By Alec Henninger
It doesn’t take much to think of a couple random genres, smack them together, and call yourself original. “Hey look guys I just invented LATIN SOUL POLKA METAL – I call it PEASANTCORE!!!” (see: Attack Attack! and “poorly choreographed pop trance hardcore” [appropriately deemed “crabcore”]). Of course, the catch is no one actually likes crabcore (although they are great for a laugh, hence 1.6 million views), because like most wacky genre stews, it’s gimmicky, linear, and worse, done for no good reason, in attempt to feign “new.”
Enter Alex Clare. Essentially, pop dubstep. Popstep? The big “except” you are all waiting for is this: he’s actually really creative. Like alchemy this guy has managed to make his genre compilations (Latin dance, trance, drum n bass, dubstep, rock, pop, soul) greater than just the sum of their parts (okay, producers Diplo and Switch helped too). So, barring any aquatic choreography, this guy might actually have a legitimate new genre name to go by. He substantiates the whole thing with a voice that commands pitch like a boss, and is surprisingly soulful. (Come to think of it, has electronic music ever had such a strong, pop voice that wasn’t set to a dance track, let alone male? Is this l’electronica mature?)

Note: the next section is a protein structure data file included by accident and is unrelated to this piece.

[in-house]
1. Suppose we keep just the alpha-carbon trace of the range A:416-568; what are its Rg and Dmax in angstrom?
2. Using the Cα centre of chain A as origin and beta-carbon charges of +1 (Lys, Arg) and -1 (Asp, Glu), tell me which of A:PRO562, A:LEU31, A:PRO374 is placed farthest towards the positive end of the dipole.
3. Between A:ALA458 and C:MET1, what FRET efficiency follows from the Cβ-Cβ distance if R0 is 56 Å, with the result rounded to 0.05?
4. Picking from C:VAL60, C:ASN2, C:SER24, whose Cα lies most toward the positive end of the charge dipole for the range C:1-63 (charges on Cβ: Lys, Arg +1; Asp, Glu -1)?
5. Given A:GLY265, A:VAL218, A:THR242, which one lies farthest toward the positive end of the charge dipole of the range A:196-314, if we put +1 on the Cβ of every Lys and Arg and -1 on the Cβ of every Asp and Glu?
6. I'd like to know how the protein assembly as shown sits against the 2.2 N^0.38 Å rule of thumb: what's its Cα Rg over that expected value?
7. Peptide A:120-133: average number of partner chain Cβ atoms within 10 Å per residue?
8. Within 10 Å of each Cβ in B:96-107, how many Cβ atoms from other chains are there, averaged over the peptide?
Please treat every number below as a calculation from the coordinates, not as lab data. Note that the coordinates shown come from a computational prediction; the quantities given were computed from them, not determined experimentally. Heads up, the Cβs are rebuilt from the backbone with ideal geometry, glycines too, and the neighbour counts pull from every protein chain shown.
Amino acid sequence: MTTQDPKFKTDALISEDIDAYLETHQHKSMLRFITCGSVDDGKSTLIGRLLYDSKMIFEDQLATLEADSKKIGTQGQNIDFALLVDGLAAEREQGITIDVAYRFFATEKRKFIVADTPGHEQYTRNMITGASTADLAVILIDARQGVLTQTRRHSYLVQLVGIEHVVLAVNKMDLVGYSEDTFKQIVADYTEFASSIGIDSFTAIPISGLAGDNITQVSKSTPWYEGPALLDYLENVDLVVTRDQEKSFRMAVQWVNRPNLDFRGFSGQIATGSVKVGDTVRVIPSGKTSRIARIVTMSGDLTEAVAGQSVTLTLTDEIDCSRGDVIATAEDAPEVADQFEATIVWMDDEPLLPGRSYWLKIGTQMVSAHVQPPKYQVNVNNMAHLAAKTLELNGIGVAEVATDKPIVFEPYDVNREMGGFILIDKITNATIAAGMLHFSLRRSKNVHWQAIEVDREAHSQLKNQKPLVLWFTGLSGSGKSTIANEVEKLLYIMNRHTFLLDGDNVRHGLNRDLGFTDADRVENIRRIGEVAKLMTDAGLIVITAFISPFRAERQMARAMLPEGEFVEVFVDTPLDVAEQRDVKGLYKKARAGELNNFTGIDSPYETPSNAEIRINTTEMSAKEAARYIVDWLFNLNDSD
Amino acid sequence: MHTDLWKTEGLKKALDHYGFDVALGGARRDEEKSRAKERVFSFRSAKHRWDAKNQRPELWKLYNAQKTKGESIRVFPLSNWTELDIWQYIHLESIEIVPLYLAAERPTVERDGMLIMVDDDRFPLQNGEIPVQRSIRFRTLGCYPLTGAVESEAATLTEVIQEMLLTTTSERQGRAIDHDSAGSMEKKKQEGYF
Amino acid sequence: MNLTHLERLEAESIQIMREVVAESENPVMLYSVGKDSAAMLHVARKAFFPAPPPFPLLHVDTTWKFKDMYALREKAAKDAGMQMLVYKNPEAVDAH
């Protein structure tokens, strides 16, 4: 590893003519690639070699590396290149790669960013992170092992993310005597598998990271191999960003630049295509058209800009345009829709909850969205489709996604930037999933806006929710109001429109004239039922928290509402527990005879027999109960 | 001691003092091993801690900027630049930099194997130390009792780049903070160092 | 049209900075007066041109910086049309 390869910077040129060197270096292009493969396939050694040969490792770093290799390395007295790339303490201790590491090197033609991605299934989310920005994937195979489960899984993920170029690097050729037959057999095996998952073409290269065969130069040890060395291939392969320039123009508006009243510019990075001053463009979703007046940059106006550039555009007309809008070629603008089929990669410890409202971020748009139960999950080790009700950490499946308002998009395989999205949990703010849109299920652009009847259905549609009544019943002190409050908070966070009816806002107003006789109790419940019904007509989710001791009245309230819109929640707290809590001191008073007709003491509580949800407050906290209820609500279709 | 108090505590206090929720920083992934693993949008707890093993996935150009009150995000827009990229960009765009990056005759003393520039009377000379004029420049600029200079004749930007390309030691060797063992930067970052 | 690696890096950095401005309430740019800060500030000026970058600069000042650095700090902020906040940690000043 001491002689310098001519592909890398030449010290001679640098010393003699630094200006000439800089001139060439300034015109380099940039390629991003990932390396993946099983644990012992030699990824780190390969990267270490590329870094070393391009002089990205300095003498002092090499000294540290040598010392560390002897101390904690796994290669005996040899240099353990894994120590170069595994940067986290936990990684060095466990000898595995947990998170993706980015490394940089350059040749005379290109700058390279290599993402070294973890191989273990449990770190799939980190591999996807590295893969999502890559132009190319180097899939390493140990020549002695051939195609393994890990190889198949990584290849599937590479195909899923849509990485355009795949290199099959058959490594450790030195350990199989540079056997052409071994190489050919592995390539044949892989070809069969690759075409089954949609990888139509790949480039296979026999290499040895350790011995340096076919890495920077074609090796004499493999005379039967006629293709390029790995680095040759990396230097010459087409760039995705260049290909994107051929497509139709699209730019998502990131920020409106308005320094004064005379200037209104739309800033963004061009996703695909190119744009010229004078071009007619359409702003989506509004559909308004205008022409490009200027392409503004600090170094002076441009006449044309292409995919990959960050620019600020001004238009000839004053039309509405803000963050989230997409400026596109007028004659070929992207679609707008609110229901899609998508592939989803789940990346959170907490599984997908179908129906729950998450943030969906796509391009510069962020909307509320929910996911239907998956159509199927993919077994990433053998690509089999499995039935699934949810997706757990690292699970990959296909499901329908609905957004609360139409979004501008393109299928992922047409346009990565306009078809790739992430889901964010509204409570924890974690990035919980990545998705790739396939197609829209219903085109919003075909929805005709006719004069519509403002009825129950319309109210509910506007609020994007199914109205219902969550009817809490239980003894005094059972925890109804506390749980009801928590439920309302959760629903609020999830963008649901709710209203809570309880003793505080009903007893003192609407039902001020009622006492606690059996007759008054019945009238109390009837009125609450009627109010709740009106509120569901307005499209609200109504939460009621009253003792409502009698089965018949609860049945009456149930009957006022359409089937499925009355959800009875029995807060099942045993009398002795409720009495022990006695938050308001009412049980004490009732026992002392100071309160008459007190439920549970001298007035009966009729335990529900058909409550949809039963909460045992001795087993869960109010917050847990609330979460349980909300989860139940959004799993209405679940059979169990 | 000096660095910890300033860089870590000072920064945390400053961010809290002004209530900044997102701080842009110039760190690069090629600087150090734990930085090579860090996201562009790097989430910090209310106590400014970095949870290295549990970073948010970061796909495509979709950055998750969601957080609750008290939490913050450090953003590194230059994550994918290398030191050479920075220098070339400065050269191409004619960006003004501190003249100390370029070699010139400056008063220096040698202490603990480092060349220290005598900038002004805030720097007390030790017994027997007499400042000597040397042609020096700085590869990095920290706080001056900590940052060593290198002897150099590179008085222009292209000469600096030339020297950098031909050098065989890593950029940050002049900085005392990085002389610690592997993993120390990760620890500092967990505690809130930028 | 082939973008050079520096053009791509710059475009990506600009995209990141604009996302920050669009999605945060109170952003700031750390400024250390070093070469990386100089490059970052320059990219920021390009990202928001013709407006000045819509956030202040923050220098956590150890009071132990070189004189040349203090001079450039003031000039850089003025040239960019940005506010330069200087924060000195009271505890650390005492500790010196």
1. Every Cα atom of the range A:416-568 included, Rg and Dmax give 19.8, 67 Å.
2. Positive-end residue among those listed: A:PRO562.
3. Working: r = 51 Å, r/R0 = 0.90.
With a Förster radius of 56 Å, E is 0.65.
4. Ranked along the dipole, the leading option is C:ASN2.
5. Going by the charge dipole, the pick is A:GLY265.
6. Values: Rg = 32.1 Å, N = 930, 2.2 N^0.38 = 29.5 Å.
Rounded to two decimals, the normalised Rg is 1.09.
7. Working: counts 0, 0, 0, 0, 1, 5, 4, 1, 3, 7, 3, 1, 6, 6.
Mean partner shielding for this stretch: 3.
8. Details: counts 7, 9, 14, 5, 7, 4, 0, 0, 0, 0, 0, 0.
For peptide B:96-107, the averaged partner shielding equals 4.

Admittedly, the album does occasionally evoke some of those common multi-genre pitfalls. The Latino hip hop feel of “Up All Night,” for instance, might really just be gratuitous. A song like “Hands Are Clever,” however, appropriately adopts an all together different, soulful feel, reminding me he isn’t just throwing these styles around arbitrarily, but is actually considering genre a powerful and meaningful tool.
Hopefully all that ingenuity is worth it, because he could’ve just done a chicken dance breakdown in a peasantcore tune for an easy ride up the YouTube charts. In any case, here’s what popstep sounds like. If you like what you hear, stream the rest of his debut, The Lateness of the Hour, on his website.